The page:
On July 3, OPM issued a benefits administration letter and a carrier letter about the expansion of FEHBP coverage to same sex spouses. The FEHBlog notes that the Supreme Court's decision which authorized OPM to define the term spouse found in the FEHBA's definition of family member to include same sex spouses also has the same effect on the Internal Revenue Code's dependent definition (IRC § 51). Before the June 26, 2013, Supreme Court decision, any employer that extended benefits coverage to same sex spouses would have to impute the cost of that coverage to the employee due to DOMA. That requirement no longer applies to same sex spouse coverage but it still applies to same sex domestic partners coverage. Moreover, the OPM letters explain that "This decision does not extend [FEHBP] coverage to registered domestic partners or those employees or annuitants in civil unions."
OPM joined with CMS in encouraging a reduction in hospital readmissions. Newswise reports that a SUNY Binghampton study reports on the value of using social workers to assist recently discharged patients with Medicare coverage. The social workers coordinate care and visit the patient at home to assess the home environment, e.g., reduce risks for falling. Early results show that the approach is effective in reducing readmissions by over 50%.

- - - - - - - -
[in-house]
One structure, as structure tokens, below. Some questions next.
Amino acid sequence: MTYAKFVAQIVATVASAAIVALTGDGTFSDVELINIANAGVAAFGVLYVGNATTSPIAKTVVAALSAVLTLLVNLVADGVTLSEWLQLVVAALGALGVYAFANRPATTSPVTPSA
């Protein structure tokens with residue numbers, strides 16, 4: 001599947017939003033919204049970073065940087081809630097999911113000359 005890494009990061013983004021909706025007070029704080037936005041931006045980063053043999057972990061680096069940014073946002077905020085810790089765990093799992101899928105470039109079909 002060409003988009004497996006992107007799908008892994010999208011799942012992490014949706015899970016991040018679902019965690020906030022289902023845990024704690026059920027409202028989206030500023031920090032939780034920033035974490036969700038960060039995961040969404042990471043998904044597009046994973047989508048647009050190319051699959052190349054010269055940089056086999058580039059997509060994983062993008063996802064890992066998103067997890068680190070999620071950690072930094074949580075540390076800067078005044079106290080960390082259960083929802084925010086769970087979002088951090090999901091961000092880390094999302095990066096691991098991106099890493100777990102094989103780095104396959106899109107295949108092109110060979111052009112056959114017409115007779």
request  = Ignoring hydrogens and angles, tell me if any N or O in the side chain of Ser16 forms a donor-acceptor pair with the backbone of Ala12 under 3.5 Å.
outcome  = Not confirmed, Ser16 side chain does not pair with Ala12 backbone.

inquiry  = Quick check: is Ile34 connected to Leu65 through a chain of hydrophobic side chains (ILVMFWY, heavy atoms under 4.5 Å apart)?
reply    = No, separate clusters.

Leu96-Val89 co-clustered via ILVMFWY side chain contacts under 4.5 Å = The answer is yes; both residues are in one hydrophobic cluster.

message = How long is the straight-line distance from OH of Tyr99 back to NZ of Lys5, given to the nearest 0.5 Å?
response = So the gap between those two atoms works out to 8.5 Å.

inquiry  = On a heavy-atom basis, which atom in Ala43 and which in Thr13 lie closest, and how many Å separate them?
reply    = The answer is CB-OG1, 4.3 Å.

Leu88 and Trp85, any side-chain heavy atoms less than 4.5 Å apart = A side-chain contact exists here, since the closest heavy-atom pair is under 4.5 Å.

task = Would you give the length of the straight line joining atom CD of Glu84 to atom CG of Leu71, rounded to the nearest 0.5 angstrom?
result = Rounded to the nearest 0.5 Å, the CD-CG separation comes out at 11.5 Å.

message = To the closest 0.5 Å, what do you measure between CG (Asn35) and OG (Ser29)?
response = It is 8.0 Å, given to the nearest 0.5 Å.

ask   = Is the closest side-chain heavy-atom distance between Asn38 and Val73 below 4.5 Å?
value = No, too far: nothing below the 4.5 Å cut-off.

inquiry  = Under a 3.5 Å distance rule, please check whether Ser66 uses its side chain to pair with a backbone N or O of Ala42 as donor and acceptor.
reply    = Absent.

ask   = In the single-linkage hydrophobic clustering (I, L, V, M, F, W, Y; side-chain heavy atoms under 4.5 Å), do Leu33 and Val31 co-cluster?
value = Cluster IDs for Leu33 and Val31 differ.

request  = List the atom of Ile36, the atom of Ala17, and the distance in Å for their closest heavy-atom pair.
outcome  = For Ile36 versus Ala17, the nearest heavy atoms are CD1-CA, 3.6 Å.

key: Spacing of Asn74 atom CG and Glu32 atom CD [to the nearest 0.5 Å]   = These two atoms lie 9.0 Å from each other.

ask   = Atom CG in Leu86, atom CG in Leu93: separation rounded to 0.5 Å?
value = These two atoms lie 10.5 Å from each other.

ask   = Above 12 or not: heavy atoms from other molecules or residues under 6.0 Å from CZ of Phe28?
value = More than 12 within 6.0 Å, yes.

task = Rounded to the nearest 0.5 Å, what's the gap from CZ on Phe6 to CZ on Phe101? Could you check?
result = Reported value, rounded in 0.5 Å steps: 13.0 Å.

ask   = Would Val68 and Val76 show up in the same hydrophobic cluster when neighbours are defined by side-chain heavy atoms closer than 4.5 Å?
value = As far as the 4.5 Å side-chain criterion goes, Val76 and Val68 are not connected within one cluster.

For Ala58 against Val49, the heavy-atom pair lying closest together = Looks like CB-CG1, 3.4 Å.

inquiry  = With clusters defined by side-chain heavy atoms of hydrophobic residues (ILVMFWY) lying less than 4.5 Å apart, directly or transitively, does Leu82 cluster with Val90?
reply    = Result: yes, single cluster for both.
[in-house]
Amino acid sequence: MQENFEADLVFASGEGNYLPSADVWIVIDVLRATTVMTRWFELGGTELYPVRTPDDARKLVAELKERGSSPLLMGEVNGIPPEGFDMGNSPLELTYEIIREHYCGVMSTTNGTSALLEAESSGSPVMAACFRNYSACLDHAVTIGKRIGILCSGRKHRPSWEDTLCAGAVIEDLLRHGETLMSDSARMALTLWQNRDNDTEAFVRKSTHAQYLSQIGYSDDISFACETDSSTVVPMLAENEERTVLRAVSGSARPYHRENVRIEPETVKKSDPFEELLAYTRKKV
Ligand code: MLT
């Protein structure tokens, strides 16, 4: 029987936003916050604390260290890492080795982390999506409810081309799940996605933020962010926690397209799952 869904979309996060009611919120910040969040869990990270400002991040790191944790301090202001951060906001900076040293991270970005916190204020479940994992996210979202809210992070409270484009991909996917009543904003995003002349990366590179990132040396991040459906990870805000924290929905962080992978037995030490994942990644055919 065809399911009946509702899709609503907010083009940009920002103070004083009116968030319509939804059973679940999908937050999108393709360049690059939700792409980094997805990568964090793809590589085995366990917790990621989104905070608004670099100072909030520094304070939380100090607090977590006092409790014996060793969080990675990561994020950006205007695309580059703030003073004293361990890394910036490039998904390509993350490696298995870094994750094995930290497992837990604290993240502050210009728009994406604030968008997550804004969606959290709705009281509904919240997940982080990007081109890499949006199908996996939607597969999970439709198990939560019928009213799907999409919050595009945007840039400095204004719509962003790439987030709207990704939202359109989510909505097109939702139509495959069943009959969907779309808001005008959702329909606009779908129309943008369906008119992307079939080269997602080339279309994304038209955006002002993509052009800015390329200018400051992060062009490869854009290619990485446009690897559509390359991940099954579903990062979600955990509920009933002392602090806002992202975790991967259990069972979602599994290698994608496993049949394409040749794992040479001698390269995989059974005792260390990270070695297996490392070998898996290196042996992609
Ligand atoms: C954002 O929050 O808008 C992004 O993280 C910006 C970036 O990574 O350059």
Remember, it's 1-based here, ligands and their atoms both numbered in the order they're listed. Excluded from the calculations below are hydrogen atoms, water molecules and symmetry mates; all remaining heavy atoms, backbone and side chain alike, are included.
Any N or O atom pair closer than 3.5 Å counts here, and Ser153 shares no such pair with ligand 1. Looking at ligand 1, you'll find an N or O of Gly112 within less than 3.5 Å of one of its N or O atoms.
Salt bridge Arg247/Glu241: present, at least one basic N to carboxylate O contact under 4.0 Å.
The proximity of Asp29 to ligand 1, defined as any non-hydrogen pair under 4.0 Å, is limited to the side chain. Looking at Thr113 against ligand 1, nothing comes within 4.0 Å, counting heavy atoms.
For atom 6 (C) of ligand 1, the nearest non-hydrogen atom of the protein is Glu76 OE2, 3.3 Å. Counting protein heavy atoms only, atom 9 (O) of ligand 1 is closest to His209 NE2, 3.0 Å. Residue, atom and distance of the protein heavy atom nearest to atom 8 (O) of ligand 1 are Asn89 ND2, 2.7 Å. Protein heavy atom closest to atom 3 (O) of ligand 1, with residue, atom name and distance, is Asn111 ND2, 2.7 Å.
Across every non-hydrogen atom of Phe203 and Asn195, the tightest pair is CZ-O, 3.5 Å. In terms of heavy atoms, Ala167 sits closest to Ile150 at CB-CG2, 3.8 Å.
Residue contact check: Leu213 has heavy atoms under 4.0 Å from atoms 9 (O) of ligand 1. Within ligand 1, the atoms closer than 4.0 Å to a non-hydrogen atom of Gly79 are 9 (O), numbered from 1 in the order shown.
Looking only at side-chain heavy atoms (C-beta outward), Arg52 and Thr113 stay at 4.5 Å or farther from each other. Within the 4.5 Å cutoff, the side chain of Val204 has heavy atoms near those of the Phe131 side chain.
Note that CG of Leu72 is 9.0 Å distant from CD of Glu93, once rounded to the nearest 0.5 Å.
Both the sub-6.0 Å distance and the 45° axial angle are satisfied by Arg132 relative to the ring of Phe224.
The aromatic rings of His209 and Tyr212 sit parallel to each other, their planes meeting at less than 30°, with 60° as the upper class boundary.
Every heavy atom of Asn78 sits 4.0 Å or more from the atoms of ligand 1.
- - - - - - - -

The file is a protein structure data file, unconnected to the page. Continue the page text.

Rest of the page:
Health Data Management reports that NCQA is soliciting public comments on proposed changes to the HEDIS performance measures required by the transition to the ICD-10 code set. The comment period is open until December 16, 2013. HDM further reports that
NCQA also has released the 2014 edition of technical specifications for HEDIS measures, including a new measure on non-recommended cervical cancer screening in adolescent females. Changes also were made in existing measures covering breast cancer screening, cervical cancer screening for adult females, care for older adults, potential drug-disease interaction in the elderly and relative resource use. More information is at ncqa.org/publications.Finally, the AMA News reports on what's next now that the AMA has decided that obesity is a disease. (Hint: more money for doctors).